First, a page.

Easter bunny Simnel biscuits

We’ve been busy little bunnies in the baking and crafting departments this week. There have been fewer groups due to the holidays, so I’ve been thinking of ways to keep Andrew amused. I can’t really go wrong with baking, especially biscuits as he loves cutting them out and of course tasting them 🙂 Granny was with us yesterday when we baked these bunny biscuits, and we made them with wheat-free flours so that Grandma can enjoy them too.IMG_0582

There seem to be quite a few Easter cakes in the shops now that are basically slightly different versions of brands that are available all year, usually involving lemon or yellow colouring in some way, for example Mr Kipling lemon tarts or Cadbury’s lemon mini rolls or Jaffa Cakes lemon cake bars. But I rarely see Simnel cakes around these days – a light fruit cake with spices such as cinnamon and ginger and a layer of marzipan in the middle and on top. I love marzipan and I like fruit cakes, so I enjoy Simnel cake. Traditionally it has 11 balls of marzipan on the top, which are said to represent the 11 disciples of Jesus minus Judas who betrayed him.IMG_0585

We didn’t have the time or attention span (in Andrew’s case) to make fruit cake, so we made biscuits based on the idea of Simnel cake. The spices are in the biscuit dough and the fruit is sandwiched between the biscuit and a layer of marzipan on top. We used a bunny shape cutter, although I was convinced I had seen an egg-shaped cutter in Andrew’s bumper pot of cutters when we were doing play-dough the other day, but I couldn’t find it when we came to bake the biscuits, so we had to switch from the egg-shaped biscuits that I had intended to make  originally. bunnies

If you fancy having a go, here’s the recipe, which makes about 20….


  • 60g sugar
  • 120g margarine
  • 180g flour (I used 60g cornflour and 120g gluten-free flour)
  • 1 tsp ground ginger
  • 1 tsp groung nutmeg
  • about 30g raisins
  • 1/2 pack ready to roll marzipan


  1. Pre-heat the oven to 150ºC (fan) and prepare two baking trays with greaseproof paper.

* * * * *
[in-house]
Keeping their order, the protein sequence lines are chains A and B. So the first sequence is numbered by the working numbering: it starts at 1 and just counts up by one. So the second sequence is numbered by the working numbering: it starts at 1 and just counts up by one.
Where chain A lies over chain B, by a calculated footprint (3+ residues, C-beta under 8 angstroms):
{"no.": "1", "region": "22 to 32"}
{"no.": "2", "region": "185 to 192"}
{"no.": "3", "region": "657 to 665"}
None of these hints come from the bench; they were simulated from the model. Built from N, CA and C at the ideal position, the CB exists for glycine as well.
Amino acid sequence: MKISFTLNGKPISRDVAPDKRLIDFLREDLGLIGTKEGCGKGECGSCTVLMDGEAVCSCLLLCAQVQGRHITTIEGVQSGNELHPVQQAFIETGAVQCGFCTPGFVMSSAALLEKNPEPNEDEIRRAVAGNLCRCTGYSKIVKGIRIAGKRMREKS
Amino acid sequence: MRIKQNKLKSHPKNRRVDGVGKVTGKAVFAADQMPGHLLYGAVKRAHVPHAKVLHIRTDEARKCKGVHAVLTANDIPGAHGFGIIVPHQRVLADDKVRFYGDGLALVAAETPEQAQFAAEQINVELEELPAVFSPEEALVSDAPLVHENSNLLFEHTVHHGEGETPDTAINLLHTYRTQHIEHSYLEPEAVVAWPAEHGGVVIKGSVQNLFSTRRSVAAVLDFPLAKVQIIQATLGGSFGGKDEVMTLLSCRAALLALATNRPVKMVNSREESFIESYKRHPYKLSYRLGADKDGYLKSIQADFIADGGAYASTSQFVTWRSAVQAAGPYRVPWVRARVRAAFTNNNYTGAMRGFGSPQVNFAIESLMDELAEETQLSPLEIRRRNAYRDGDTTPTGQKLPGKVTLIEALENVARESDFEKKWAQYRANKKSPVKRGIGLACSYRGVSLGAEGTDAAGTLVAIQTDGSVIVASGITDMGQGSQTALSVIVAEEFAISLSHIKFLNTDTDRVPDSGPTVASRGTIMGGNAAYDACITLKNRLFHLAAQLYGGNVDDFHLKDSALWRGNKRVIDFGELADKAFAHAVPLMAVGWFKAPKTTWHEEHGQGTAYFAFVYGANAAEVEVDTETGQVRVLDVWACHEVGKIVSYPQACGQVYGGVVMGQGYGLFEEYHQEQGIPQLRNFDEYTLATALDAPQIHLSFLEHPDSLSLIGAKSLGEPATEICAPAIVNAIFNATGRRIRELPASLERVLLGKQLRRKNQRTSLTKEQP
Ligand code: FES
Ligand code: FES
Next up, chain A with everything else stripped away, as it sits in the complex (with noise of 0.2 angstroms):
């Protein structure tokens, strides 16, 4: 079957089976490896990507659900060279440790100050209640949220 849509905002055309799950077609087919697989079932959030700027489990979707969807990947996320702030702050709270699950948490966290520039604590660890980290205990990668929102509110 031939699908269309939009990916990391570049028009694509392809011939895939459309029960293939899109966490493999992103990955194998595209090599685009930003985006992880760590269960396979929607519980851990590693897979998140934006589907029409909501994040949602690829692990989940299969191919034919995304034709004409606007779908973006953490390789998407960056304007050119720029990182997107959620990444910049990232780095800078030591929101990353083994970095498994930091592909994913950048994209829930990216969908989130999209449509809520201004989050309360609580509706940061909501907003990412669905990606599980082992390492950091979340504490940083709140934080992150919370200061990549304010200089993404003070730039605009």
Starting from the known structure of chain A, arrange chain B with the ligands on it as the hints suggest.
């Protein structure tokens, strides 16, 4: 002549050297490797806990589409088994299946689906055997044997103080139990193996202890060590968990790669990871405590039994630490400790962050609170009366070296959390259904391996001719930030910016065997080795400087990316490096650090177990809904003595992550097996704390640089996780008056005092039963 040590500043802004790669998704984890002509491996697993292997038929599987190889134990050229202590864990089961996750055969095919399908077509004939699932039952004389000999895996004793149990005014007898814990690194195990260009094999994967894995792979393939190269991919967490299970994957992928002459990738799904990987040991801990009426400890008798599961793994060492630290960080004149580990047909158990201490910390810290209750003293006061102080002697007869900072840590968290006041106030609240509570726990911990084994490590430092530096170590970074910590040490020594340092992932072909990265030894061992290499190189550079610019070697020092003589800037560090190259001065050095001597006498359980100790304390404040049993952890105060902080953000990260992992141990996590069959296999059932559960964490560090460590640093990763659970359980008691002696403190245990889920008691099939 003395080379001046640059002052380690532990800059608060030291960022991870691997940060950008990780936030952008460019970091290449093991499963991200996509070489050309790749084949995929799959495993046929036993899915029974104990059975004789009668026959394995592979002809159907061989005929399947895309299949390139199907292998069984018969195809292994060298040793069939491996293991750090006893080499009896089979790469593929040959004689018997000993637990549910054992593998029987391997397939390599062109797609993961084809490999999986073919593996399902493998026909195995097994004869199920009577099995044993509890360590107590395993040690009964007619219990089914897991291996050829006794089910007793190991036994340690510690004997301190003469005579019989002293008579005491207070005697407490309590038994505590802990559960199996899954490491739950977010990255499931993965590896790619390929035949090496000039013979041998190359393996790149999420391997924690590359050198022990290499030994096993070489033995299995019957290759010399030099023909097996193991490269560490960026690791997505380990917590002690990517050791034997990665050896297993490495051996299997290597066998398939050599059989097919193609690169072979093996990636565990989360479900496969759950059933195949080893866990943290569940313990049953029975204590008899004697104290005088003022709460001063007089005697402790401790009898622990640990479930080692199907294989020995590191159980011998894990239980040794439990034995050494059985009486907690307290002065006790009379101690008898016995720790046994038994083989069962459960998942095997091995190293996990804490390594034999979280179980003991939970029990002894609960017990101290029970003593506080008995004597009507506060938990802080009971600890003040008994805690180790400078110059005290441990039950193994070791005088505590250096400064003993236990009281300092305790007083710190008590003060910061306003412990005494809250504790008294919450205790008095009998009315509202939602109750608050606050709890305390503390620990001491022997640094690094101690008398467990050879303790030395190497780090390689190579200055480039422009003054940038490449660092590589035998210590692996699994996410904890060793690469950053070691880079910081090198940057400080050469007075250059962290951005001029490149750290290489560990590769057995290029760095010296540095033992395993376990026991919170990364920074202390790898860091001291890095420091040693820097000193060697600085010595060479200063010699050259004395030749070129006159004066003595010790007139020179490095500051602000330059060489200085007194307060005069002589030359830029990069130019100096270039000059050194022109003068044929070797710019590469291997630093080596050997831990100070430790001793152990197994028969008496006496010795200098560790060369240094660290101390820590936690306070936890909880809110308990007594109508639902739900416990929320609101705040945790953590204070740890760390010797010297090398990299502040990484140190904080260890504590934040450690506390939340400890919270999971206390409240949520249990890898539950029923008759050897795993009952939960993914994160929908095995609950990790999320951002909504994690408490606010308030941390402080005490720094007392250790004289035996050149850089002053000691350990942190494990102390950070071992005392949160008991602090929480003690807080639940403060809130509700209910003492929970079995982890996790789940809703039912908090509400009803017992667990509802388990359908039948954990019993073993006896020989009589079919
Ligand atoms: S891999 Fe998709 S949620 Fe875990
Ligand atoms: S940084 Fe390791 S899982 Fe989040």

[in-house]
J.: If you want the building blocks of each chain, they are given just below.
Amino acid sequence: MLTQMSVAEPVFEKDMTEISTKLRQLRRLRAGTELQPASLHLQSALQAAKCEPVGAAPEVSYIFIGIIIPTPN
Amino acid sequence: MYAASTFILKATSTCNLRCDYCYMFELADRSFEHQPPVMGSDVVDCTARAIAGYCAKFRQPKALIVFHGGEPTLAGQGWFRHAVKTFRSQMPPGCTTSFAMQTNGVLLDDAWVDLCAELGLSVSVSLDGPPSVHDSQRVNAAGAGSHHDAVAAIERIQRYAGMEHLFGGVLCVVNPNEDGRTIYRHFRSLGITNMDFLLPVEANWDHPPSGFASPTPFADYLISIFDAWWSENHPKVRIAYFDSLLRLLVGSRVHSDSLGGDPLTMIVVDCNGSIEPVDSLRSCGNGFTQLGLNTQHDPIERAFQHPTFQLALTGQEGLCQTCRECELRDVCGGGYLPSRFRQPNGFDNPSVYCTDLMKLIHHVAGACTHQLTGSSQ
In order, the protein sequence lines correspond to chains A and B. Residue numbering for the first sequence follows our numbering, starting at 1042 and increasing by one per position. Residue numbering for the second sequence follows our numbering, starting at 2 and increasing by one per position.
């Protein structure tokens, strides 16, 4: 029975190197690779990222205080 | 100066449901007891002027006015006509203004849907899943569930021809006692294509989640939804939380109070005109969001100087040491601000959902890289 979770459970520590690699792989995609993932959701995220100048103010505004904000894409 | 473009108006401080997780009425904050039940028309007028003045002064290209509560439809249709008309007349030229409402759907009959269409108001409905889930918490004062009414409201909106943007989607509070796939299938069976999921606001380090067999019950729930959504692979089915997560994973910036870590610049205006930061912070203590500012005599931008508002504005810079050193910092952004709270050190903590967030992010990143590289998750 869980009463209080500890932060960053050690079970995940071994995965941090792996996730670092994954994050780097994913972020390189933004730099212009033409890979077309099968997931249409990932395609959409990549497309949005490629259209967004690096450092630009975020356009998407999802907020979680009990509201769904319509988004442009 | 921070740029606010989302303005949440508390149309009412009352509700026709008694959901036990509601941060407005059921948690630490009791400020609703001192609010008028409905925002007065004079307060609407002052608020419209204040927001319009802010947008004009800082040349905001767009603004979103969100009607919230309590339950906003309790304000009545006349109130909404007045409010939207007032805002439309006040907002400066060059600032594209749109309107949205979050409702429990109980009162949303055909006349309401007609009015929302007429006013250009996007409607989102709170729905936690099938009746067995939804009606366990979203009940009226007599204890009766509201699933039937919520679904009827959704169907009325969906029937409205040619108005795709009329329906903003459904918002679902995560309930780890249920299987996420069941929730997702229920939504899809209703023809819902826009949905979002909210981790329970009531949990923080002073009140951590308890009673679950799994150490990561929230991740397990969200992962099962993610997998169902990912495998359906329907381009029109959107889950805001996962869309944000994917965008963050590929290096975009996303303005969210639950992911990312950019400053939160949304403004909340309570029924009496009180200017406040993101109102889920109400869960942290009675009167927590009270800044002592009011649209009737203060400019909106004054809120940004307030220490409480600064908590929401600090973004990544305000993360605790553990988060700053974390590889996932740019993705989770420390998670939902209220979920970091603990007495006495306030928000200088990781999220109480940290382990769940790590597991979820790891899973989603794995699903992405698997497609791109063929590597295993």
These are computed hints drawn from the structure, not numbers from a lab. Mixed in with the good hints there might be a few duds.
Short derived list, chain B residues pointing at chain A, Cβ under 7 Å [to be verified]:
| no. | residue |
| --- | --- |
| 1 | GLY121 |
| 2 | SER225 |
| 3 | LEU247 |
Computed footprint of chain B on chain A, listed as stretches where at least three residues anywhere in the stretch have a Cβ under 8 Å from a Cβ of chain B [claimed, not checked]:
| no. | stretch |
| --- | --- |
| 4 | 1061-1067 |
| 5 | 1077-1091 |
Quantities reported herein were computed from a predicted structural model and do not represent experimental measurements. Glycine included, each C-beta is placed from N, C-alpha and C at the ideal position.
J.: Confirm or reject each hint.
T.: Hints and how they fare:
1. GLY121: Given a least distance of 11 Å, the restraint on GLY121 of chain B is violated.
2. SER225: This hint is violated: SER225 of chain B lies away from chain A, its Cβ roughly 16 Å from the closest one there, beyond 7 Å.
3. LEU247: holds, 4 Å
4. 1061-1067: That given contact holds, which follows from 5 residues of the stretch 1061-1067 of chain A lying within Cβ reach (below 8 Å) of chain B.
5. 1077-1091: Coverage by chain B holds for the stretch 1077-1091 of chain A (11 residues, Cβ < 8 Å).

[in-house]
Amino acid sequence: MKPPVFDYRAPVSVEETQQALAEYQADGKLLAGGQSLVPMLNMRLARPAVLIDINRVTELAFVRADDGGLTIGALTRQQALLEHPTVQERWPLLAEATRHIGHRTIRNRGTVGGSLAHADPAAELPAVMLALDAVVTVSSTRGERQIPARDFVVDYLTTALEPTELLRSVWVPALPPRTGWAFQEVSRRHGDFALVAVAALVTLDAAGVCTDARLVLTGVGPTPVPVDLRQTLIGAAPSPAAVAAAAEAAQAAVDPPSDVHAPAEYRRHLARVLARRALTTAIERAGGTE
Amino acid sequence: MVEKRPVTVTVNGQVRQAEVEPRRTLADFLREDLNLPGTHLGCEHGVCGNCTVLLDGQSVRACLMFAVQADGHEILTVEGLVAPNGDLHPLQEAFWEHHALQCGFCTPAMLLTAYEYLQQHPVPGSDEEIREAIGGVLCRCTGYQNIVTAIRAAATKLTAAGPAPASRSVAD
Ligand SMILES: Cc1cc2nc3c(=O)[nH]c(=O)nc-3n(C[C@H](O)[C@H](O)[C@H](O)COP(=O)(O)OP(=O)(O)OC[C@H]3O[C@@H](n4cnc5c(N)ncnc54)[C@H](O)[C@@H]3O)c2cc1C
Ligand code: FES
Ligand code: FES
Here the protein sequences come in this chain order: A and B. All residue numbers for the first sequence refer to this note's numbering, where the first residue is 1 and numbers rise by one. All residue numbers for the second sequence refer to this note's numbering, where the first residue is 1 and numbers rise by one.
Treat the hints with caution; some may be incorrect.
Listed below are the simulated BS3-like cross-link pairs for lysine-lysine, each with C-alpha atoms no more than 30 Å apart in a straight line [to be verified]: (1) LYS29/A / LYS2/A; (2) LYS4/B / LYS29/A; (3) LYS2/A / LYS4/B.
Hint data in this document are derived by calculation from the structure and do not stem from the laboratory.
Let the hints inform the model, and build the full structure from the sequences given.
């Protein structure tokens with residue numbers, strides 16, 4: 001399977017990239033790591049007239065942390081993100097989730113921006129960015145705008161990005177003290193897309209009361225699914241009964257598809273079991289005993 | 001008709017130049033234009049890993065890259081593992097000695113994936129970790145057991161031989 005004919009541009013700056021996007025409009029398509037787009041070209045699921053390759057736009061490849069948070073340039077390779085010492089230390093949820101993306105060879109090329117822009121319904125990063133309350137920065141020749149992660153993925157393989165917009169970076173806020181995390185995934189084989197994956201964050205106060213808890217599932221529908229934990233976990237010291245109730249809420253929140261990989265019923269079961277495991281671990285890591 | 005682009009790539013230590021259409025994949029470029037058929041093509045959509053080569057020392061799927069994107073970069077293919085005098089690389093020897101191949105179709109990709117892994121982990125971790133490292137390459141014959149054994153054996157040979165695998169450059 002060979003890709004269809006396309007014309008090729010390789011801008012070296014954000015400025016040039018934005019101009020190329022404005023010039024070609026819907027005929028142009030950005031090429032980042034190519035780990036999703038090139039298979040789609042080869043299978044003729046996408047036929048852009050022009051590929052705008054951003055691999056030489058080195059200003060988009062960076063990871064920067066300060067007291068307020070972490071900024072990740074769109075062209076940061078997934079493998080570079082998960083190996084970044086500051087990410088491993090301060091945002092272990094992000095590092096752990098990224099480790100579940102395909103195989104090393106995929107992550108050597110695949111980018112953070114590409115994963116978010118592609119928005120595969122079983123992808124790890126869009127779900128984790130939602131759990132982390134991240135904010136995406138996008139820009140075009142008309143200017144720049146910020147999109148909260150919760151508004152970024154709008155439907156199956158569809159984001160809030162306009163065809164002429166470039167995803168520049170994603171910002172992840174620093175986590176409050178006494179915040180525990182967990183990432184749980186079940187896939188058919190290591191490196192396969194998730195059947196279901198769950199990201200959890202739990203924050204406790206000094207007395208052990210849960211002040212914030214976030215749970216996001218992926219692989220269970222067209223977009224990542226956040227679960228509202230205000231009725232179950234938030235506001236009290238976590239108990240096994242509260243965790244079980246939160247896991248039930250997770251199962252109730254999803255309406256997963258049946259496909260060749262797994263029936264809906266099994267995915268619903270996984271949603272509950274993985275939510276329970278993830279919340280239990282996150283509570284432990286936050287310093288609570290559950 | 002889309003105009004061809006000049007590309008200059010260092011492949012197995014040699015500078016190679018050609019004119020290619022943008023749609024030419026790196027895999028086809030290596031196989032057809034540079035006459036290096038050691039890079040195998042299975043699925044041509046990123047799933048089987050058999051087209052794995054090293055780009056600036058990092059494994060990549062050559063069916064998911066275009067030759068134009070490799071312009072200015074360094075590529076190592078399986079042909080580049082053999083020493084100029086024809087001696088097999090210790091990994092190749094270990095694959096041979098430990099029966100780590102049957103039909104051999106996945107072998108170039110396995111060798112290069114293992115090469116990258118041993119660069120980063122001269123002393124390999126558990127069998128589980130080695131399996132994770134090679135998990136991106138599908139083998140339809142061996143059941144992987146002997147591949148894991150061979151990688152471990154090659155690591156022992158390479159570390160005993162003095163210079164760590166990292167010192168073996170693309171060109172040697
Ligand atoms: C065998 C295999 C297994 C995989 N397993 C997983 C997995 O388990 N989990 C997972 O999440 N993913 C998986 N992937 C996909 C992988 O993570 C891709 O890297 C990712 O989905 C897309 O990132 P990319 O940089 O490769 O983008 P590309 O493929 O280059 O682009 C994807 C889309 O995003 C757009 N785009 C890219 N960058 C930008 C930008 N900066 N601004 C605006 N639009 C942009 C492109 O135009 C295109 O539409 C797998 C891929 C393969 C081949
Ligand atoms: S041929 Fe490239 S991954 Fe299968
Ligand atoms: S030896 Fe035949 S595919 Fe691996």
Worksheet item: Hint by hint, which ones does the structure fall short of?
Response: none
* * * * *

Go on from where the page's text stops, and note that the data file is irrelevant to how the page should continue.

2. Cream the margarine and sugar until smooth and fluffy.
  3. Add the flour and spices and mix with a spoon until a dough starts to form; then use your hands to bring it together as it gets too stiff for the spoon.
  4. Roll out the dough to about 1/2cm thick on the greaseproof paper that you put on the baking trays, and cut out the biscuit shapes. That way, when you’ve cut out the shapes, they are already on the place where they will be baked, and you avoid breaking them in transferring to the paper once cut out.
  5. Once you’ve cut out all the dough, press a few raisins onto the top of each bunny.
  6. Bake in the oven for about 25 minutes until lightly golden.
  7. Remove and allow to cool.
  8. Roll out the marzipan on a lightly floured board to about 1/2cm thick.
  9. Cut out the same number of shapes as the biscuits, and place on top of the biscuits, sandwiching the raisins between the biscuit and marzipan layer.
  10. Eat as fresh as possible!

Slow cooked parsnip, leek and lentil broth with cheesy dumplings (wheat-free)

Recently I’ve been trying to get back into the swing of slow cooking. It’s very handy when you have two small children because you can do the prep whenever you get 10 mins or so earlier in the day – usually around 9am or lunchtime for me – and then you just leave it to cook during the day or afternoon and it’s ready for dinner, so there’s no need to be slaving over a hot stove at that often fractious time of day when everyone’s tired.

Last week I chucked some veg that we had in our veg box into the slow cooker pot, along with some dried lentils and stock, and made some cheesy dumplings, to create a yummy and satisfying meal for us all (including my mum-in-law who is wheat-intolerant – I used wheat-free flour, though not wheat-free stock as she is fine with small amounts of wheat, it’s not a full blown allergy, rather an intolerance).

The veggie ingredients

I was going to blog it, but then realised that in our haste to eat the steaming pot of yumminess, I’d forgotten to take any photos, so I thought I’d have to scrap the post. But then I thought that this would be a real shame because it really was yummy (even Andrew agreed, and toddlers give genuine compliments 😉 ). So when we got similar veg in our box this week, I thought I’d take a photo of the ingredients instead, as well as one of the tupperware of leftovers, which, although it doesn’t do justice visually to the meal we enjoyed, will do justice to one of our tummies one day when we need a quick meal from the freezer.

Leftover portion for the freezer

This week I’ve tried the recipe for macaroni cheese from Aly over at 2.4, mainly because we seemed to have quite a lot of milk with not a very long date on it. I adapted the recipe by using fusilli instead of macaroni, and broccoli instead of spinach, because those were what we had in. I’m hoping to blog more slow cooked recipes over the coming months. I’m linking this one up to Mediocre Mum’s Slow Cooker Sunday linky.

Anyway, enough of an intro……on with the recipe!

Ingredients – makes 6 portions

  • 3 parsnips
  • 2 carrots
  • 1 leek
  • 150g dried red lentils